Update on Richard the Clerk

We continue to advance the pre-Anstey story. Having found slightly more information about Richard the Clerk, father of Hubert de Anstey, we have rewritten page 59 of the third edition of ‘Anstey: Our True Surname Origin and Shared Medieval Ancestry‘ to the following (which will appear in the fourth edition when it is published):

Richard the Clerk is a most important figure in our story, for he was the father of Hubert, who would later become the Anstey patriarch. Therefore Richard is the ‘great x 28’ grandfather of almost all Ansteys and Anstey descendants alive today (he is the ‘great x 28’ grandfather of co-author Gary). It was in around 1080 that Richard, later to be known as ‘Richard the Clerk’ was born; a Norman by birth, educated in France and destined for the Church.[1]

After filling with credit a clerical post under the Seneschal of Normandy at Caen and in Norman Sicily, he sought a larger sphere of ambition at the English Court where he attached himself to the clerical leader, Roger le Poer. It is likely that Richard the Clerk made the journey from Normandy to England in about 1100,[2] managing to secure a lucrative position in the Chancellorship working as a treasurer’s clerk at Winchester and Westminster. Even though this sounds a somewhat menial position today, it was actually a very high level Exchequer position, and Richard would have been handsomely paid via grants of land from the Crown.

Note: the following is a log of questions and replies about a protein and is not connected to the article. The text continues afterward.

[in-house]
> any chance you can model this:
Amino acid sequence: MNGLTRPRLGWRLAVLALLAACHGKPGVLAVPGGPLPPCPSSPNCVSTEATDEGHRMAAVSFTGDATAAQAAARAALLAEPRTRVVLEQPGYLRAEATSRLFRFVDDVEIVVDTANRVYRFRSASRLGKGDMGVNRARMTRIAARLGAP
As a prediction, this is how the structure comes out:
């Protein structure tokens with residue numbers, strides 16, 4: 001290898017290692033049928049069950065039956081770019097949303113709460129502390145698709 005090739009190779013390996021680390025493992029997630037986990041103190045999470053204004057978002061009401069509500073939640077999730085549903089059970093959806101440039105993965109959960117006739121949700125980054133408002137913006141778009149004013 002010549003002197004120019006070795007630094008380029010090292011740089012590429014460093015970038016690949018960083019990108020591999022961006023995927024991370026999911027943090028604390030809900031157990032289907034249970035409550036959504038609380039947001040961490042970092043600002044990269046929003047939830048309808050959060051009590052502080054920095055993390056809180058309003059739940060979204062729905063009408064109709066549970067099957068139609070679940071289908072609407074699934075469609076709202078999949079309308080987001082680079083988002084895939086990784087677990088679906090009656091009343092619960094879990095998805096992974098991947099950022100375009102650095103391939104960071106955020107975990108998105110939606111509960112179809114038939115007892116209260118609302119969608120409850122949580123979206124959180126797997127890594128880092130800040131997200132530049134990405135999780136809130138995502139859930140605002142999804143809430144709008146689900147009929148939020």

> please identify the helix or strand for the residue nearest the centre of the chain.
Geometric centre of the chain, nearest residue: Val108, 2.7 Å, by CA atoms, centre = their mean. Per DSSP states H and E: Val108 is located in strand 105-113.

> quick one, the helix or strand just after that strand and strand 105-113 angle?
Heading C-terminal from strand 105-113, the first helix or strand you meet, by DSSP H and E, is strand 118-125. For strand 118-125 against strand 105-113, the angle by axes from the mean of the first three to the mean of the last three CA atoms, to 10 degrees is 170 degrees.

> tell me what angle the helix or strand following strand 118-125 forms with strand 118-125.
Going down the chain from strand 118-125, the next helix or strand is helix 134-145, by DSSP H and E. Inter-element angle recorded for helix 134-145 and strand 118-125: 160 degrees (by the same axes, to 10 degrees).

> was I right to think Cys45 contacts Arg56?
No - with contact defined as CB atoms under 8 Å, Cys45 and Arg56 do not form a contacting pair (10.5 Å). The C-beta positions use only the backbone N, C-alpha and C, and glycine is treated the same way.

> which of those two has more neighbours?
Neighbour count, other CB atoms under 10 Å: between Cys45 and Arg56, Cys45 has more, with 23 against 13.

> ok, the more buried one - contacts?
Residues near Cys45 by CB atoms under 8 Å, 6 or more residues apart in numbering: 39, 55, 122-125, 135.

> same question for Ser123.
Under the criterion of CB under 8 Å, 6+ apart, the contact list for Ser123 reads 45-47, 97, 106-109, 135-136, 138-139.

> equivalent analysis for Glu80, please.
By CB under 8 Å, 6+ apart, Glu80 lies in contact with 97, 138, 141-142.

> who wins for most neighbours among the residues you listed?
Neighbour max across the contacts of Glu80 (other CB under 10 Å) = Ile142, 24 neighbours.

[1] Most of what we know of Richard the Clerk comes from ‘Court Life Under The Plantagenets’ by Hubert Hall (see ‘Select Medieval Anstey Bibliography’ on page 301). On page 6 of his book, the author states that Richard the Clerk was the grandfather of Richard de Anstey (of the ‘Anstey Case’ – see Chapter Two), who we know was the son of Hubert the Anstey patriarch.

[2] It is via Roger le Poer that we get this estimate. Roger le Poer was originally a priest in a small chapel in Caen, Normandy and the story goes that when the future King Henry I happened to hear mass there one day, he was impressed by him and enrolled him into his service. When Henry I became King in 1100 he made Roger le Poer Chancellor of England, effectively running the country in his absence. Then in 1102 Roger le Poer became Bishop of Salisbury, so it is clear that he was permanently based in England from 1100 onwards. As Hubert Hall states clearly on page 5 of ‘Court Life Under The Plantagenets’, “Richard attached himself to the clerical leader Roger le Poer during the sharp struggle that took place in the first decade of the 12th century”, we can surely deduce with confidence that Richard the Clerk too arrived in England in about 1100. Incidentally Roger le Poer’s son, also Roger le Poer, was Chancellor for King Stephen from 1135 to 1139; it could well have been this connection that enabled Hubert the Anstey patriarch to obtain his position with King Stephen’s wife Matilda of Boulogne (see page 61)

As always, anybody who can add to this, or has any other related comments, feel free to contact us at research@theansteystory.com.


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